Day 4

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Paper title Integrating satellite SAR time series and hydrological modelling to inform of soil moisture at the field scale
Authors
  1. Belen Marti University of Surrey Speaker
  2. Irene Seco University of Surrey
  3. Clement Atzberger BOKU - University of Natural Resources and Life Sciences Vienna
Form of presentation Poster
Topics
  • A7. Hydrology and Water Cycle
    • A7.01 Inland Water Storage and Runoff: Modeling, In Situ Data and Remote Sensing
Abstract text This study developed a method to derive field-specific SM information (as opposed to the large-footprint existing products) in near-real time by leveraging synergies of hydrological models and Earth observation (EO) data, both from SAR and optical sensors. The two components are further complemented by EO near-real time information on meteorological fields for drivers of precipitation and evapotranspiration. While the strength of the soil hydrological models consists of a physically based description of the rain infiltration and percolation processes, the satellite-based data permits to derive vegetation canopy properties at the field scale, and to obtain forcing variables such as precipitation and potential evapotranspiration to feed the models.
For several fields in the COSMOS UK soil moisture monitoring network, we retrieved time series of Sentinel-2 NDVI and Sentinel-1 backscattering values. We used the Hydrus-1D modelling tool for the simulation of surface and in-depth SM at the study fields at daily time steps during periods of low vegetation (NDVI < 0.25). The model’s upper boundary conditions were given by the time series of satellite-based estimates of precipitation and evapotranspiration. The lower boundary condition was set as free drainage, assuming that the water table is deeper than the root zone and the soil is well drained.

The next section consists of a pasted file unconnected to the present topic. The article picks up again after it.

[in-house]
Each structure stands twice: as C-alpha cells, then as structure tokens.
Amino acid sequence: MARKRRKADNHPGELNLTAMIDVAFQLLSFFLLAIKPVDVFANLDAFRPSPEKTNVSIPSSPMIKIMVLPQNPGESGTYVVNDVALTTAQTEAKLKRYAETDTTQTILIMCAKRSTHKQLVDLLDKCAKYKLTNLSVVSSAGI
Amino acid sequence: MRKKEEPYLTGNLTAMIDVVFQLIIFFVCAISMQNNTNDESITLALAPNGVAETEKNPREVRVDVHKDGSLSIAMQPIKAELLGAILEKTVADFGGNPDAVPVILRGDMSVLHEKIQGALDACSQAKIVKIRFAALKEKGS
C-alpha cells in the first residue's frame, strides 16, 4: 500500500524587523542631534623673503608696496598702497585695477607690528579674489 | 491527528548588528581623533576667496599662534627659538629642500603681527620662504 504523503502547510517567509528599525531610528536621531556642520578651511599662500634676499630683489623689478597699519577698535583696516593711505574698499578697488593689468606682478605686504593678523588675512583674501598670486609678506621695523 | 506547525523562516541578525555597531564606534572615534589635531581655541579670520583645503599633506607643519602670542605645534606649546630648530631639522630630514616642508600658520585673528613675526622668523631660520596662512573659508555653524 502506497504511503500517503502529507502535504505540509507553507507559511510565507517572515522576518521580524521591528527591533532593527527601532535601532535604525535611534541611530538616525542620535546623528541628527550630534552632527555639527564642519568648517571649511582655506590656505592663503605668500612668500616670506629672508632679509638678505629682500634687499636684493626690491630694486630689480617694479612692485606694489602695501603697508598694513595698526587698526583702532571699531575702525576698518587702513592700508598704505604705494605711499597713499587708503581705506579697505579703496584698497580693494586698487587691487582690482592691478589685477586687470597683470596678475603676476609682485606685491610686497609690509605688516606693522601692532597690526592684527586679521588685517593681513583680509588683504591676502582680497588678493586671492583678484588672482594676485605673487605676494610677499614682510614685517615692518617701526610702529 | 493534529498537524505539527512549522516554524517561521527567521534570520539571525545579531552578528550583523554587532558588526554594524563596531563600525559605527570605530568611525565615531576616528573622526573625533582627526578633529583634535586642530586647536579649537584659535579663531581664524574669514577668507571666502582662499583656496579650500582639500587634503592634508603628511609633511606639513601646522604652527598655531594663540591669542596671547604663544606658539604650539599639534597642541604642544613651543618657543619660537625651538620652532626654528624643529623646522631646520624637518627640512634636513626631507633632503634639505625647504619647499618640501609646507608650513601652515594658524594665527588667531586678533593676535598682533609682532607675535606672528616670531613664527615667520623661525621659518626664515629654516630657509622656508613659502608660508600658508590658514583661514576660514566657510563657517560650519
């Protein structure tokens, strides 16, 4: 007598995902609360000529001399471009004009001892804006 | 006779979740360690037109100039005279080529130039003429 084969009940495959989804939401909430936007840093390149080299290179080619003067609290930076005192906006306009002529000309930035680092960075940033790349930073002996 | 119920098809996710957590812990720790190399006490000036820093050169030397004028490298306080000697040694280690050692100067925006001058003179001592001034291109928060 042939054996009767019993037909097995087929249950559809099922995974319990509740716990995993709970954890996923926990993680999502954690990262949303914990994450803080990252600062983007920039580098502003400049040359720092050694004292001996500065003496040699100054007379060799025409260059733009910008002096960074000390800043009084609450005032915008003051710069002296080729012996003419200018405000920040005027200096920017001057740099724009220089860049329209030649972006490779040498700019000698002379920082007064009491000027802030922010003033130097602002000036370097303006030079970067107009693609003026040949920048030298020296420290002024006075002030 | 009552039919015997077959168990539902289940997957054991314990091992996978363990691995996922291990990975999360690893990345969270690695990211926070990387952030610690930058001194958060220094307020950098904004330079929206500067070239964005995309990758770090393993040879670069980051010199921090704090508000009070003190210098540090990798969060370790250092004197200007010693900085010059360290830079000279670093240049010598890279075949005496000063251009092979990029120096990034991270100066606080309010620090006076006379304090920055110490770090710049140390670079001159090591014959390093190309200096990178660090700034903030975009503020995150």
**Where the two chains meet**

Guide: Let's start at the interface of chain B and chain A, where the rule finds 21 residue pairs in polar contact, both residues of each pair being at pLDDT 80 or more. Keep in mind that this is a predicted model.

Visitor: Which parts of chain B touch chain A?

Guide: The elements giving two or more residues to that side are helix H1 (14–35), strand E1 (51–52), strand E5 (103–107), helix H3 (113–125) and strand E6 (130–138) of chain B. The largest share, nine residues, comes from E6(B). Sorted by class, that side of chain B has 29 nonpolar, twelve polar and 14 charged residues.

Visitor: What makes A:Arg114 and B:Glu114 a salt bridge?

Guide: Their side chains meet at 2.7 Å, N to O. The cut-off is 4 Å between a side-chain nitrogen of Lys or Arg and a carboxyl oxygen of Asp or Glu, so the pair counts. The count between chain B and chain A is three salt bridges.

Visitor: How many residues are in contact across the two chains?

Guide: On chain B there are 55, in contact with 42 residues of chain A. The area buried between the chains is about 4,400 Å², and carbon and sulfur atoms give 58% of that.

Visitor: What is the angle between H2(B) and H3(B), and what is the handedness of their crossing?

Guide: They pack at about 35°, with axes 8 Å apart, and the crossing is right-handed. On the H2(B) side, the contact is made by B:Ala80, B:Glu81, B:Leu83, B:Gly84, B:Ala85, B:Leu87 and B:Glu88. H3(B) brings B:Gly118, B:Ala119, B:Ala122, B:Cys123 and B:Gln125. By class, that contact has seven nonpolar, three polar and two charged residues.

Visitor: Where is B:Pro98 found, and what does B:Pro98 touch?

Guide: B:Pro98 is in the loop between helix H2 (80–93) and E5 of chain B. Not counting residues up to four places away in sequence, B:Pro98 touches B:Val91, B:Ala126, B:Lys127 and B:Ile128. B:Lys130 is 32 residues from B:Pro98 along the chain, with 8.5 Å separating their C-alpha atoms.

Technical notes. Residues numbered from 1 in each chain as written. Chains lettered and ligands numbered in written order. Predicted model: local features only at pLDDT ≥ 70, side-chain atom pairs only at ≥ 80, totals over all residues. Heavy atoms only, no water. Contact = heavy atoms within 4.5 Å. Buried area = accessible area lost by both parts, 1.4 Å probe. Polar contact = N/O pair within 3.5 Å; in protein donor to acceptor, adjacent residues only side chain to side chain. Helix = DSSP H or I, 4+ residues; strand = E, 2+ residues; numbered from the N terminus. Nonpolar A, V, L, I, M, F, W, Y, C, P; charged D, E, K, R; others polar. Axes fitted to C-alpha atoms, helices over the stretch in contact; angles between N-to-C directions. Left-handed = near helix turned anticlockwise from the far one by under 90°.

For C-band SAR and for the Sentinel-1 range of incidence angles, the literature reports an approximate linear relationship between the average VV backscattering coefficient of uniform, bare-soil crop fields and the surface soil moisture. For individual fields during the bare soil stage, it can be assumed that the main cause of Sentinel-1 VV backscattering changes is surface moisture, more rapidly variable than the surface roughness. Then, the fields’ soil hydraulic conductivity and other infiltration descriptors were obtained by optimizing the temporal trends of the modelled surface moisture to the temporal trends observed in the Sentinel-1 VV backscattering during low vegetation periods.
The soil moisture simulated in this way was compared to the moisture measured at the COSMOS fields at different depths. Our method achieved an excellent accuracy, only drifting away from the measured values at the end of the cropping cycle, after harvesting.
This work was carried out in collaboration with Mantle Labs Ltd. And received funding from the UK Research and Innovation SPace Research & Innovation Network for Technology (SPRINT) programme. By deriving valuable soil moisture information at the field level, Mantle Labs intends to offer enhanced drought related insurance products which can be made available to smallholder farmers. This index insurance will protect farmers against crop loss occurring due to extreme weather events.